One afternoon in 1967, Mo Ostin, an ascendant executive at what was then called Warner/Reprise Records, told his staff to quit doing what they had always been told was the most important part of their jobs. “We need to stop trying to make hit records,” he said. “Let’s just make good records and turn those into hits.”
Liberated from the strictures of AM radio, the company veered from the middle of the road into the hairy, scary wilderness of the hippie counterculture. By the end of the year, its artist roster included Jimi Hendrix, the Grateful Dead, Van Dyke Parks, Randy Newman, and the radical art band the Fugs. None of them sounded anything like the acts in the Top 40, but that was the point.
That’s also why it took less than 4 years for Warner/Reprise to become the hottest record label in America, and why it stayed at the front of the pack for most of the next 30 years. Not because Ostin was willing to do anything to make as much money as quickly as possible, but because he was idealistic enough to think that doing the opposite would lead to better music and, in the long run, better profits.
“Let’s just make good records and turn those into hits.”
Instead of forcing his artists to bend to corporate expectations, Ostin put the music first, allowing his musicians to spend as much time in the recording studio as they pleased, then supporting them even if their first album, or first few albums, didn’t sell enough copies to cover the expenses. He also stocked his offices with young folks who were far more familiar with the music than the music industry was, then directed them to ignore standard operating procedures because, as he liked to say, “Why do it their way?”
Warner Bros. Records did virtually everything an ordinary record company wouldn’t. Advertising chief Stan Cornyn, a liner-note writer hired in part for his hatred of advertising, crafted funny pieces that were the opposite of the usual hard sell. (For Randy Newman’s first album: “Once you get used to it, his voice is really something.”) They became so popular he began to receive fan mail. Ostin encouraged his staffers to be as creative and take as many risks as the artists. Having a project blow up wasn’t a firing offense; often the responsible party was congratulated for having had the guts to try something new.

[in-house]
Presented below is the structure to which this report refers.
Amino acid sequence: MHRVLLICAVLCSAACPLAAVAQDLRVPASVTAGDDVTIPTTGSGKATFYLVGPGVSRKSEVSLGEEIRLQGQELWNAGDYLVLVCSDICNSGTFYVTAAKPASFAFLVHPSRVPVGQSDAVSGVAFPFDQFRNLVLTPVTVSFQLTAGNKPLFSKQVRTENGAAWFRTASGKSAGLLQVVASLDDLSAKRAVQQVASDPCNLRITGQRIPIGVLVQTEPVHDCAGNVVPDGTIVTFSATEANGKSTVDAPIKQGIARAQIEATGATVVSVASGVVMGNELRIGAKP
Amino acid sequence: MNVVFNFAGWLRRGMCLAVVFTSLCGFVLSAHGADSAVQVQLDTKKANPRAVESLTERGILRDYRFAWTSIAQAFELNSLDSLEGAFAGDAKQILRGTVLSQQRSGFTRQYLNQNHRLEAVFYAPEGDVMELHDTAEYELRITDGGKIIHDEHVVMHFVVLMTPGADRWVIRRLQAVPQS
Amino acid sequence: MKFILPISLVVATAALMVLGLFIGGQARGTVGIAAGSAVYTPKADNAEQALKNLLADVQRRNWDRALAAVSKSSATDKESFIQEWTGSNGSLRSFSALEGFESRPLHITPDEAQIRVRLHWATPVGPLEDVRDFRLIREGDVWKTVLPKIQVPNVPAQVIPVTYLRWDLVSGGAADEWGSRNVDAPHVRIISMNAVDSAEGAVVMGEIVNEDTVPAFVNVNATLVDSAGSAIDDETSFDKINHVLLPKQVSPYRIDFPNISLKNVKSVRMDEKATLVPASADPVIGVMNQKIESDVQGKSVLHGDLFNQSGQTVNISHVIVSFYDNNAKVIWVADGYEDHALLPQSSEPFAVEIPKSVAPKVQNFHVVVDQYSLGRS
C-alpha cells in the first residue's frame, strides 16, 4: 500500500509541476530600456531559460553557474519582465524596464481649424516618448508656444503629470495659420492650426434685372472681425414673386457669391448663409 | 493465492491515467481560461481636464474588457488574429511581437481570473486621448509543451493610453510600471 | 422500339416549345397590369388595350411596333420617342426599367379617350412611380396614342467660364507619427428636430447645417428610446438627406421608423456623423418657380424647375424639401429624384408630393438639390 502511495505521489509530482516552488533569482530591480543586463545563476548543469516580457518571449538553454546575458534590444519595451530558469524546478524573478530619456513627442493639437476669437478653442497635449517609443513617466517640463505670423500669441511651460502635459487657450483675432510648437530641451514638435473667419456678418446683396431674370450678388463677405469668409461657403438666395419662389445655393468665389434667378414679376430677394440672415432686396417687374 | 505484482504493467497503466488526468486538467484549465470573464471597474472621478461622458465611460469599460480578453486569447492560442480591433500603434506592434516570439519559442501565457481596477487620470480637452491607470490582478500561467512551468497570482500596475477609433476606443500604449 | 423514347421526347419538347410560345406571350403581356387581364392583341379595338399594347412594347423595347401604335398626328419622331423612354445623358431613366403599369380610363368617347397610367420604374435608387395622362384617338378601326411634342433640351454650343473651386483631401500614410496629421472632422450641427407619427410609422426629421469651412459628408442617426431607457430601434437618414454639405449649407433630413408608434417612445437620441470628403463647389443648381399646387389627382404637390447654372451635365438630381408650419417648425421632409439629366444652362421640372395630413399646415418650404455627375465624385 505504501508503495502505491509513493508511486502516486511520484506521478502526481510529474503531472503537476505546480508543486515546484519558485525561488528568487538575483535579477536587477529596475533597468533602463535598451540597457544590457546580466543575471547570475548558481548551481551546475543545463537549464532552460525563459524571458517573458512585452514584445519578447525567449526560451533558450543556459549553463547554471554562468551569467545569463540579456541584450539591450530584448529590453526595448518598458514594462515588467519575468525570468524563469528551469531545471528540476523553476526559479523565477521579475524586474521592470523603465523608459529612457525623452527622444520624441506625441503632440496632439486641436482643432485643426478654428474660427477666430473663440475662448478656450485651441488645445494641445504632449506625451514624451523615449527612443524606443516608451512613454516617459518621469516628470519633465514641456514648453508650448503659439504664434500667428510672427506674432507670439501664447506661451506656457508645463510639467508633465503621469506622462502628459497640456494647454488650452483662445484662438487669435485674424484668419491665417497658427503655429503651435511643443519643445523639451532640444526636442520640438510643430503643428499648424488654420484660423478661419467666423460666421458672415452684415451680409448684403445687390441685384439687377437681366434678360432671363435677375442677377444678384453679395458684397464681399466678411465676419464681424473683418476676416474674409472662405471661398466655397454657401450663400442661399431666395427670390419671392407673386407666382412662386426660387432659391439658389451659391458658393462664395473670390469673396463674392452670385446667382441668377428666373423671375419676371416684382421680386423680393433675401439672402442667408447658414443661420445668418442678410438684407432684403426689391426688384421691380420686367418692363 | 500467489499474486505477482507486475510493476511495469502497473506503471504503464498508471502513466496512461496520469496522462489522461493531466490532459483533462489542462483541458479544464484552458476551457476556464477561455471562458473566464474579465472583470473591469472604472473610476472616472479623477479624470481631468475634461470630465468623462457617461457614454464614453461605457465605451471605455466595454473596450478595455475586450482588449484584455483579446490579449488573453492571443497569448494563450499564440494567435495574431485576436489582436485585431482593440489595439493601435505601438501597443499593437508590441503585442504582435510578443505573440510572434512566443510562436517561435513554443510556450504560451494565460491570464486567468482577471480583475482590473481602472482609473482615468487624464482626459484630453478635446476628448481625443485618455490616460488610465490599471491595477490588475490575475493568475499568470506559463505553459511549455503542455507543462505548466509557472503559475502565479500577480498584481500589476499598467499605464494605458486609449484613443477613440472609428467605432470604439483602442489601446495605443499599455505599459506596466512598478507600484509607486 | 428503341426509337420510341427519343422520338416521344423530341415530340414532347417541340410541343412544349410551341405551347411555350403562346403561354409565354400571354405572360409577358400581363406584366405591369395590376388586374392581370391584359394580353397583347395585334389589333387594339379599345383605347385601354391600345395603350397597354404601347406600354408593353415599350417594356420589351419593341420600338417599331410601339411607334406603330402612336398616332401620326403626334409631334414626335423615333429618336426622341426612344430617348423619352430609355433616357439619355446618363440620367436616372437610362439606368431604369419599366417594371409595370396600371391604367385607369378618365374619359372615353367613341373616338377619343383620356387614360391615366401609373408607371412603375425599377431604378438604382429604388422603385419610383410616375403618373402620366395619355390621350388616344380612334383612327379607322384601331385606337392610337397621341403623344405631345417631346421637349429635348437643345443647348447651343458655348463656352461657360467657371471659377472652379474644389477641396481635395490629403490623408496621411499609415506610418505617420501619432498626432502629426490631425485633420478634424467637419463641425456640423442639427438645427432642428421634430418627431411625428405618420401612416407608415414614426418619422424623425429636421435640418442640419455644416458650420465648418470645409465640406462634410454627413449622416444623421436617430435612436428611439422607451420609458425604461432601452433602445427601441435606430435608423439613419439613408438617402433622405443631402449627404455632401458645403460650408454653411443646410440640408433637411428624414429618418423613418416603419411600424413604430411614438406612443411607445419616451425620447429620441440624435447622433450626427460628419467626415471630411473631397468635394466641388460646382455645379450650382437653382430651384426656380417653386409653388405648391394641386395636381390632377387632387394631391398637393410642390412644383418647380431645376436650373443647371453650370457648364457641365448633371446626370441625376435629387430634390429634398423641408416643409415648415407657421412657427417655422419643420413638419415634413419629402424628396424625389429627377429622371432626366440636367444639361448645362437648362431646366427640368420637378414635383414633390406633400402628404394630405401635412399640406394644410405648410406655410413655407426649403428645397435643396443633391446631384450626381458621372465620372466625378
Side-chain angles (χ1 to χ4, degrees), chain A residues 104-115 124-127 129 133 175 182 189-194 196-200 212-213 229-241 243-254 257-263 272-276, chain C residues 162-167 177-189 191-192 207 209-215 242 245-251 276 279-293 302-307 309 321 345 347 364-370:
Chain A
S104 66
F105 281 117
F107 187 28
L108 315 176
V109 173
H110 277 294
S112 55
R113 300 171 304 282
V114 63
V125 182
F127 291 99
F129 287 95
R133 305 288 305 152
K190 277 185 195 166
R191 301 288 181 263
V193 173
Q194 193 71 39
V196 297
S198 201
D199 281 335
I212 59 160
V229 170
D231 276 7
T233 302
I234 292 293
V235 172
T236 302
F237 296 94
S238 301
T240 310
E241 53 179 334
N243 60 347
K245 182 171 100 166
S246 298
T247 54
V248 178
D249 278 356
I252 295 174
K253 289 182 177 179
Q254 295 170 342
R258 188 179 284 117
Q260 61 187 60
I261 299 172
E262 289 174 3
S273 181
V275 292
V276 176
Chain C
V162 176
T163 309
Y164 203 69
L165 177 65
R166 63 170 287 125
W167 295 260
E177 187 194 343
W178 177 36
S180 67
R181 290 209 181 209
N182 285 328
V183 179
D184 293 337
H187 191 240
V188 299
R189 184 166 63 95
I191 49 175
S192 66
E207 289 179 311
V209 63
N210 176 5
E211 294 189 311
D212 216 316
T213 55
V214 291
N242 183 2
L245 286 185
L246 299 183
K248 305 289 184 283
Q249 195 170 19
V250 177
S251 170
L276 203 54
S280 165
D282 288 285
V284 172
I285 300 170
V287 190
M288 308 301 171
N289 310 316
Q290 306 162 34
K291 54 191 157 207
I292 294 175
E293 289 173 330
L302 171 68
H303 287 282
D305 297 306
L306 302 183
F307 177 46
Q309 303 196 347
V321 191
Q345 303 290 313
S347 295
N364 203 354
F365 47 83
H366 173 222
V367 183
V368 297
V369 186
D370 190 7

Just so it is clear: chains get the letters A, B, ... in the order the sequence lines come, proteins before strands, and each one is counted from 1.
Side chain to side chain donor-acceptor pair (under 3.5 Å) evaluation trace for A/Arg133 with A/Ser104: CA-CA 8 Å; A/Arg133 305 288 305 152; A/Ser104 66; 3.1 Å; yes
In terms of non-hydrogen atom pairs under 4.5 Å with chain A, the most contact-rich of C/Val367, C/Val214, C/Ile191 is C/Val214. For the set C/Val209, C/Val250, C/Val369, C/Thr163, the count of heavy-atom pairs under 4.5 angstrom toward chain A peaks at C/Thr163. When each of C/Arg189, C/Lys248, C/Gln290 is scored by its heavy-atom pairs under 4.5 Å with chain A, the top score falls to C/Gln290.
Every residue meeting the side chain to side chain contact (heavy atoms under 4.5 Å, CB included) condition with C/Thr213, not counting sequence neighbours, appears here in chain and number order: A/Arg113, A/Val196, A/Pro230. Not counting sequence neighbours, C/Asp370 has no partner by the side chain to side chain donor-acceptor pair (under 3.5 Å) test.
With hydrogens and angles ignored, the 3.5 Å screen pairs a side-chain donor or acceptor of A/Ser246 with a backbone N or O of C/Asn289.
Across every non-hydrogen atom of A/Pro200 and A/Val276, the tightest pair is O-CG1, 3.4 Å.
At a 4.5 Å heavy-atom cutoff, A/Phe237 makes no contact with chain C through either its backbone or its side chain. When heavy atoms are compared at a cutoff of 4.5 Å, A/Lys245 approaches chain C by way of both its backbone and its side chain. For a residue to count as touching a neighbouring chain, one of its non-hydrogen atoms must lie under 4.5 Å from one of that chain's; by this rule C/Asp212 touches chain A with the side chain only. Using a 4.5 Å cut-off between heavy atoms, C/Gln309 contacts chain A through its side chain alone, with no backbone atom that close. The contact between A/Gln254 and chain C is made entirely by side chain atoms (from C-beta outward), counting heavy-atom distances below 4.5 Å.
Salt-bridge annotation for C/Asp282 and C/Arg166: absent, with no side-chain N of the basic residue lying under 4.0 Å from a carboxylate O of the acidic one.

Most often the experiments paid off, even if it took some time. Fringe artists such as the Grateful Dead and Randy Newman gradually built large and lasting audiences. The company stuck with Fleetwood Mac through seven light-selling albums before scoring triple platinum in 1975. The group’s next release, 1977’s Rumours, sold more than 20 million copies.
The company stuck with Fleetwood Mac through seven light-selling albums before scoring triple platinum in 1975.
A year later, a talented but unproven teenager named Prince demanded the right to produce his own records. Only Warner Bros. trusted him to do it, and did not live to regret it. A decade after that, R.E.M. signed with Warner Bros. for less money than they’d been offered by other companies, simply because the musicians trusted Ostin not to meddle with their music. He kept his word, and they rewarded him with back-to-back-to-back 10-million sellers.
Record companies, and the entire music industry, are different now. The economic verities of the moment, along with the demands of the monolithic corporations that own them, no longer allow the independence that Ostin had at Warner Bros., no matter how much platinum the company minted during his tenure.
But like the music itself, the secret of Warner Bros. Records’ triumph hangs in the air, just one listen away from being re-discovered.
Peter Ames Carlin’s Sonic Boom: The Impossible Rise of Warner Bros. Records, from Hendrix to Fleetwood Mac to Madonna to Prince is out now from Henry Holt. Carlin’s other books include Bruce and Paul McCartney: A Life